New Leasing Activity
New leasing activity totaled 1.3 MSF in the second quarter of 2016, down from 1.4 MSF last quarter and the lowest second quarter figure since 2009. Tech continued to drive transactions.
The largest deal of the quarter was Fitbit’s sublease at 215 Fremont Street in the South Financial submarket. The wearable tech manufacturer will occupy all of Charles Schwab’s former building to be phased in over 36 months.
There were two significant transactions signed at China Basin Landing (185 Berry Street) in the East SOMA submarket: Lyft took 206,000 SF in a mix of direct and sublease space and Stripe subleased 102,000 SF. Both sublease blocks were originally occupied by Dropbox which moved into its new headquarters.
There were 3.6 MSF of active tenant requirements at the close of the second quarter; down from the 5.5 MSF reported one year ago. Technology users currently account for 65.0% of those tenants in the market.
While uncertainty (China, oil, BREXIT fallout, US election, etc.) continues to be a major theme in the capital markets, the San Francisco office market is still viewed as an attractive investment for institutional, high net worth, and foreign capital.
Cushman & Wakefield tracked seven sales in the second quarter of 2016 totaling $1.3 billion with an additional five sales totaling $1.2 billion expected to close by the end of August. While many investors believe that the market has peaked and may be cooling, they still consider San Francisco to be a great long term investment.
Some of the more notable transactions included Blackstone’s purchase of 555-575 Market Street (one of the largest sales transactions in this cycle) and Pembroke Real Estate’s acquisition of 140 New Montgomery Street. Given where we are in the cycle, we could see cap rates creep up an additional 25-50 BPS in the second half of the year as investors are now requiring cash flow (as opposed to appreciation) to make up a material portion of their overall return.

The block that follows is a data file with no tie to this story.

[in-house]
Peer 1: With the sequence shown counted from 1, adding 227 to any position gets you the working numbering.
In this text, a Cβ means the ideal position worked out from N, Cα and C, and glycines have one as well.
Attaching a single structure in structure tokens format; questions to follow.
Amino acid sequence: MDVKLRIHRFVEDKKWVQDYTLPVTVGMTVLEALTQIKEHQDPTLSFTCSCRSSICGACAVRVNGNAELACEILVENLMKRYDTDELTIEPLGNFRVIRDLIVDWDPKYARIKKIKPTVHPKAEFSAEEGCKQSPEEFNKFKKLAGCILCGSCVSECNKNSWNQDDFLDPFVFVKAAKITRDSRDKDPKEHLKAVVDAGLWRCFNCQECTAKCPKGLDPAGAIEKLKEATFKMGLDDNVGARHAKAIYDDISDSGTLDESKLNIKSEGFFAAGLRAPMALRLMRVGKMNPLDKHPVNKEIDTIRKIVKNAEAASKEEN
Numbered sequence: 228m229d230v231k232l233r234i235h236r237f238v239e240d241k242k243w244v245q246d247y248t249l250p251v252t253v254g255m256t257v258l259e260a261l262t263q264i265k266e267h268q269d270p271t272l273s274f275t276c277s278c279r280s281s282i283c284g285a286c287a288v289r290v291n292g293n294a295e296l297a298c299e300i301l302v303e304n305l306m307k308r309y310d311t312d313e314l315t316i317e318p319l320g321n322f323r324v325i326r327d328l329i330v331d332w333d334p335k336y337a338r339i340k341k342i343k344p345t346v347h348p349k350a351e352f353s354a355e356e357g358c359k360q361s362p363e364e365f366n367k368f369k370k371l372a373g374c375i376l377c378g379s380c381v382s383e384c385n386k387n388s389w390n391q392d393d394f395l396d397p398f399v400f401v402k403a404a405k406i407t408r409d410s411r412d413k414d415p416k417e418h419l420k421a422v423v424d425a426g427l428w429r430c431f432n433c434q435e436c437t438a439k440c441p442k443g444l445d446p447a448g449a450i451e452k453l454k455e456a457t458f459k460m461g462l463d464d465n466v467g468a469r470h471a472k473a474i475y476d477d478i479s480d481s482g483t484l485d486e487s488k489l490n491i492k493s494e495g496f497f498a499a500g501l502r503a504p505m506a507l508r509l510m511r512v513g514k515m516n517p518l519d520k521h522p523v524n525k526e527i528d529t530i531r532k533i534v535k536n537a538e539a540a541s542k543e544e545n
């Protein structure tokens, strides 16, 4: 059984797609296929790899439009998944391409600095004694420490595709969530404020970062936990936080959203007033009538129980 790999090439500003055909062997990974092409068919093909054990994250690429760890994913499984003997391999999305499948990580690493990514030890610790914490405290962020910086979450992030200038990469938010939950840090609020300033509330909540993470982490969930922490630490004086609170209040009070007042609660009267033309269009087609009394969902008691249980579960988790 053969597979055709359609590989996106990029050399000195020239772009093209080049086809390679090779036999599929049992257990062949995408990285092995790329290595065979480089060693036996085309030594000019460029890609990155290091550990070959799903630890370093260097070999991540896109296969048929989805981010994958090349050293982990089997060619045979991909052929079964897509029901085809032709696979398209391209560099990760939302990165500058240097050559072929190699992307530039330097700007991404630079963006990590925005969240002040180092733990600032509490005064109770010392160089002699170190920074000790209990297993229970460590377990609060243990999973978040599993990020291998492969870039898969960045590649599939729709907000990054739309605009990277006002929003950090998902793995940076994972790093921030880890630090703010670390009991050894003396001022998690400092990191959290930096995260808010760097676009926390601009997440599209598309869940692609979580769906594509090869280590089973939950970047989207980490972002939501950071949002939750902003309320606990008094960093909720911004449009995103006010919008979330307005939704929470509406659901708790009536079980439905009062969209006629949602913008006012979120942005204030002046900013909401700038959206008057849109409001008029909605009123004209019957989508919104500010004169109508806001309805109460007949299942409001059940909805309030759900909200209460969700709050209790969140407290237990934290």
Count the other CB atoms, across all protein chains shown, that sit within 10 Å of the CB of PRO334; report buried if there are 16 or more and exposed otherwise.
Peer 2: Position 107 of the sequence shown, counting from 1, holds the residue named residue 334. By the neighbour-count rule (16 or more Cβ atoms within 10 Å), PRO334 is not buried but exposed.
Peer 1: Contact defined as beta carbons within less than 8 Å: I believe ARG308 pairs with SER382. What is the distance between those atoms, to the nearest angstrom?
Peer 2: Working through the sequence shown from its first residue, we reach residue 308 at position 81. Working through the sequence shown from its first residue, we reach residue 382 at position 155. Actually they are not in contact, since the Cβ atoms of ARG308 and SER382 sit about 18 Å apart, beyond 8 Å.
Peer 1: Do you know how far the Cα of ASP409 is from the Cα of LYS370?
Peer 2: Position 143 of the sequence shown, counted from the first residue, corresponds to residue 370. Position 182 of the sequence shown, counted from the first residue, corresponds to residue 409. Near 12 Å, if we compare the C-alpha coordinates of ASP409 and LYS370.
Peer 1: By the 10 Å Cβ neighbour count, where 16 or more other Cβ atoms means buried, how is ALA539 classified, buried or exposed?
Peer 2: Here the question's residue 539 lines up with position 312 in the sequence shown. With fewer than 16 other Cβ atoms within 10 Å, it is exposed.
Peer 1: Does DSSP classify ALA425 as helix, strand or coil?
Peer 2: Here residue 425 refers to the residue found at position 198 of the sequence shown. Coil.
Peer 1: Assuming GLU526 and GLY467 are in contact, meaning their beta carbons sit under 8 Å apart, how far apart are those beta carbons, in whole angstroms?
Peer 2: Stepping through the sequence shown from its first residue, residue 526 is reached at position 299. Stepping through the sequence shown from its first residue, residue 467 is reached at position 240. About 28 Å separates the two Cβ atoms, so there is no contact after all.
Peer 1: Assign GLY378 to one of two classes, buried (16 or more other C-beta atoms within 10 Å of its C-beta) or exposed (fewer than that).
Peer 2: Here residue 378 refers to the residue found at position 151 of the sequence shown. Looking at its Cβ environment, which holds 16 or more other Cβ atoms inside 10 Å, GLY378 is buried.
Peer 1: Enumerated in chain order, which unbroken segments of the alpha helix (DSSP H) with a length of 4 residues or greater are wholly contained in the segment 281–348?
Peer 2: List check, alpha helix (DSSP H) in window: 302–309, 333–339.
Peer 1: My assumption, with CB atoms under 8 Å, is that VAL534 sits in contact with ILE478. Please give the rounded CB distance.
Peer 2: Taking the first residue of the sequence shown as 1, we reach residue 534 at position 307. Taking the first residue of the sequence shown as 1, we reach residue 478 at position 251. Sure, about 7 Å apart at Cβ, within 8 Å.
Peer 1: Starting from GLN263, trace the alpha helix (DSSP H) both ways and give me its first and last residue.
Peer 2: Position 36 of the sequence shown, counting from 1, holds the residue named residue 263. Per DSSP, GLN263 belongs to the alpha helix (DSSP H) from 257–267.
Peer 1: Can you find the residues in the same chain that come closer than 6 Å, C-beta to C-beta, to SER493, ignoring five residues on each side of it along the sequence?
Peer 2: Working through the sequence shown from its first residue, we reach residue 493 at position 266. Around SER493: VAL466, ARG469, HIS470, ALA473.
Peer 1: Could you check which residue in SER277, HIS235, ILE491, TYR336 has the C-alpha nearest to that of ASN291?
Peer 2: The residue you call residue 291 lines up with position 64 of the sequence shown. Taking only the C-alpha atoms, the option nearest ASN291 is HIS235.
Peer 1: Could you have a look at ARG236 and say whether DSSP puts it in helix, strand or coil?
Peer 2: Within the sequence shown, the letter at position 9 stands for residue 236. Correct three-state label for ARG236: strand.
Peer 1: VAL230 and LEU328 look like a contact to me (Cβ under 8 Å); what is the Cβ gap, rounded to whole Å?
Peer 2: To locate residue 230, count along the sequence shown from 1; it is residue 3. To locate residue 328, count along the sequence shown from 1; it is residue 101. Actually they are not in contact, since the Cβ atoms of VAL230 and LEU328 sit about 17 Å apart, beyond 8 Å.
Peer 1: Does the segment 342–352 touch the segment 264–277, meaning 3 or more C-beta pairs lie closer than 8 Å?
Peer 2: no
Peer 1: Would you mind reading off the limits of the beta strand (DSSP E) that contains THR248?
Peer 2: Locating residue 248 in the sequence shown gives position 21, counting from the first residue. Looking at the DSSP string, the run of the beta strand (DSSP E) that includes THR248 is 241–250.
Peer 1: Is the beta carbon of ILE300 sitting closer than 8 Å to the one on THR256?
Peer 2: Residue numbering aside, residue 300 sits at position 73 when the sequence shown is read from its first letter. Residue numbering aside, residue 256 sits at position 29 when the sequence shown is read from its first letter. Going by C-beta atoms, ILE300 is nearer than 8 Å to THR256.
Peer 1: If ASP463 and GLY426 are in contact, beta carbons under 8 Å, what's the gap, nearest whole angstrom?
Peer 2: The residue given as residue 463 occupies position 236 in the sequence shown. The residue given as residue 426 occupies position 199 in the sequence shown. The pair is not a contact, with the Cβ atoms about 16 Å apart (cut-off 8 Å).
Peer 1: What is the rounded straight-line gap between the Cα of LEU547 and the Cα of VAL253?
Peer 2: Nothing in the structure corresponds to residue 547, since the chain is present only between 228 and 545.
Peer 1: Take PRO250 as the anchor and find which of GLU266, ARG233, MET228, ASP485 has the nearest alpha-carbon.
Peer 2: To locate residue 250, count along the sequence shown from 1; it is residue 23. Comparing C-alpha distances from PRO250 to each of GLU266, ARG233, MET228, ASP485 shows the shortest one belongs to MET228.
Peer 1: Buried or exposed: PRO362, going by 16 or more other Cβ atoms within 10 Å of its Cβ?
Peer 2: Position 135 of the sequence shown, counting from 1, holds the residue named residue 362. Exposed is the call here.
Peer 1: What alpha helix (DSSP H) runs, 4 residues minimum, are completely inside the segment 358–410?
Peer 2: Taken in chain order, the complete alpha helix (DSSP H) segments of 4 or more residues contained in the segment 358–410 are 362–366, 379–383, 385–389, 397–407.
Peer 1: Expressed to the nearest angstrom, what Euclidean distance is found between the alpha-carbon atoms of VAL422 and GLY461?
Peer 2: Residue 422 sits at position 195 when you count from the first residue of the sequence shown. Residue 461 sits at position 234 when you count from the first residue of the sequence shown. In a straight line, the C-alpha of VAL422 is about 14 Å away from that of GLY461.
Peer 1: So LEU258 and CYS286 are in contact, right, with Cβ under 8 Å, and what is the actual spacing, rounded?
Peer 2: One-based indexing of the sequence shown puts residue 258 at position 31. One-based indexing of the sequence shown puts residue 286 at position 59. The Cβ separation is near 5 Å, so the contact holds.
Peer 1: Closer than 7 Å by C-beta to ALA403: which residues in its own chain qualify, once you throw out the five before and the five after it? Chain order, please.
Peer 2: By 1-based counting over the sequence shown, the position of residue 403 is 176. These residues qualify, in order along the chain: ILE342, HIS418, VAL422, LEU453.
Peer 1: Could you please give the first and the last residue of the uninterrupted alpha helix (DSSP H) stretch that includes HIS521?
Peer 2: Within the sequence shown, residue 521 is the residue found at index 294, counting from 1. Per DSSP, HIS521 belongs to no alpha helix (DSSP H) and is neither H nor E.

Though new leasing activity will likely remain subdued compared to the past two years, the market is not dead. Several leases greater than 100,000 SF are expected to close before year-end with some of these pure expansions.
Rents will likely flatten in the second half of the year after reaching record levels.
Only one new building (500 Pine) will enter the market in the second half of the year ahead of four major projects delivering in 2017 (Salesforce Tower, 181 Fremont, The Exchange on 16th, 350 Bush).
THE INCREASE IN SUBLEASE VACANCY AND SEVERAL LARGER BLOCKS OF DIRECT SPACE HITTING THE MARKET HAS PROPELLED THE CITYWIDE OVERALL VACANCY RATE TO 7.3%.
Derek Daniels is a Senior Research Analyst with Cushman & Wakefield, based in the heart of San Francisco’s booming Financial District. With nearly a decade of eclectic research experience in the Bay Area commercial real estate market, his career includes a wide variety of work ranging from local market research to advising tenants and landlords in the lease and sale of office and industrial space.
As an avid social media participant, Derek is an active commercial real estate guest blogger for blog.cushwake.com and engages with the online stratosphere on a consistent basis.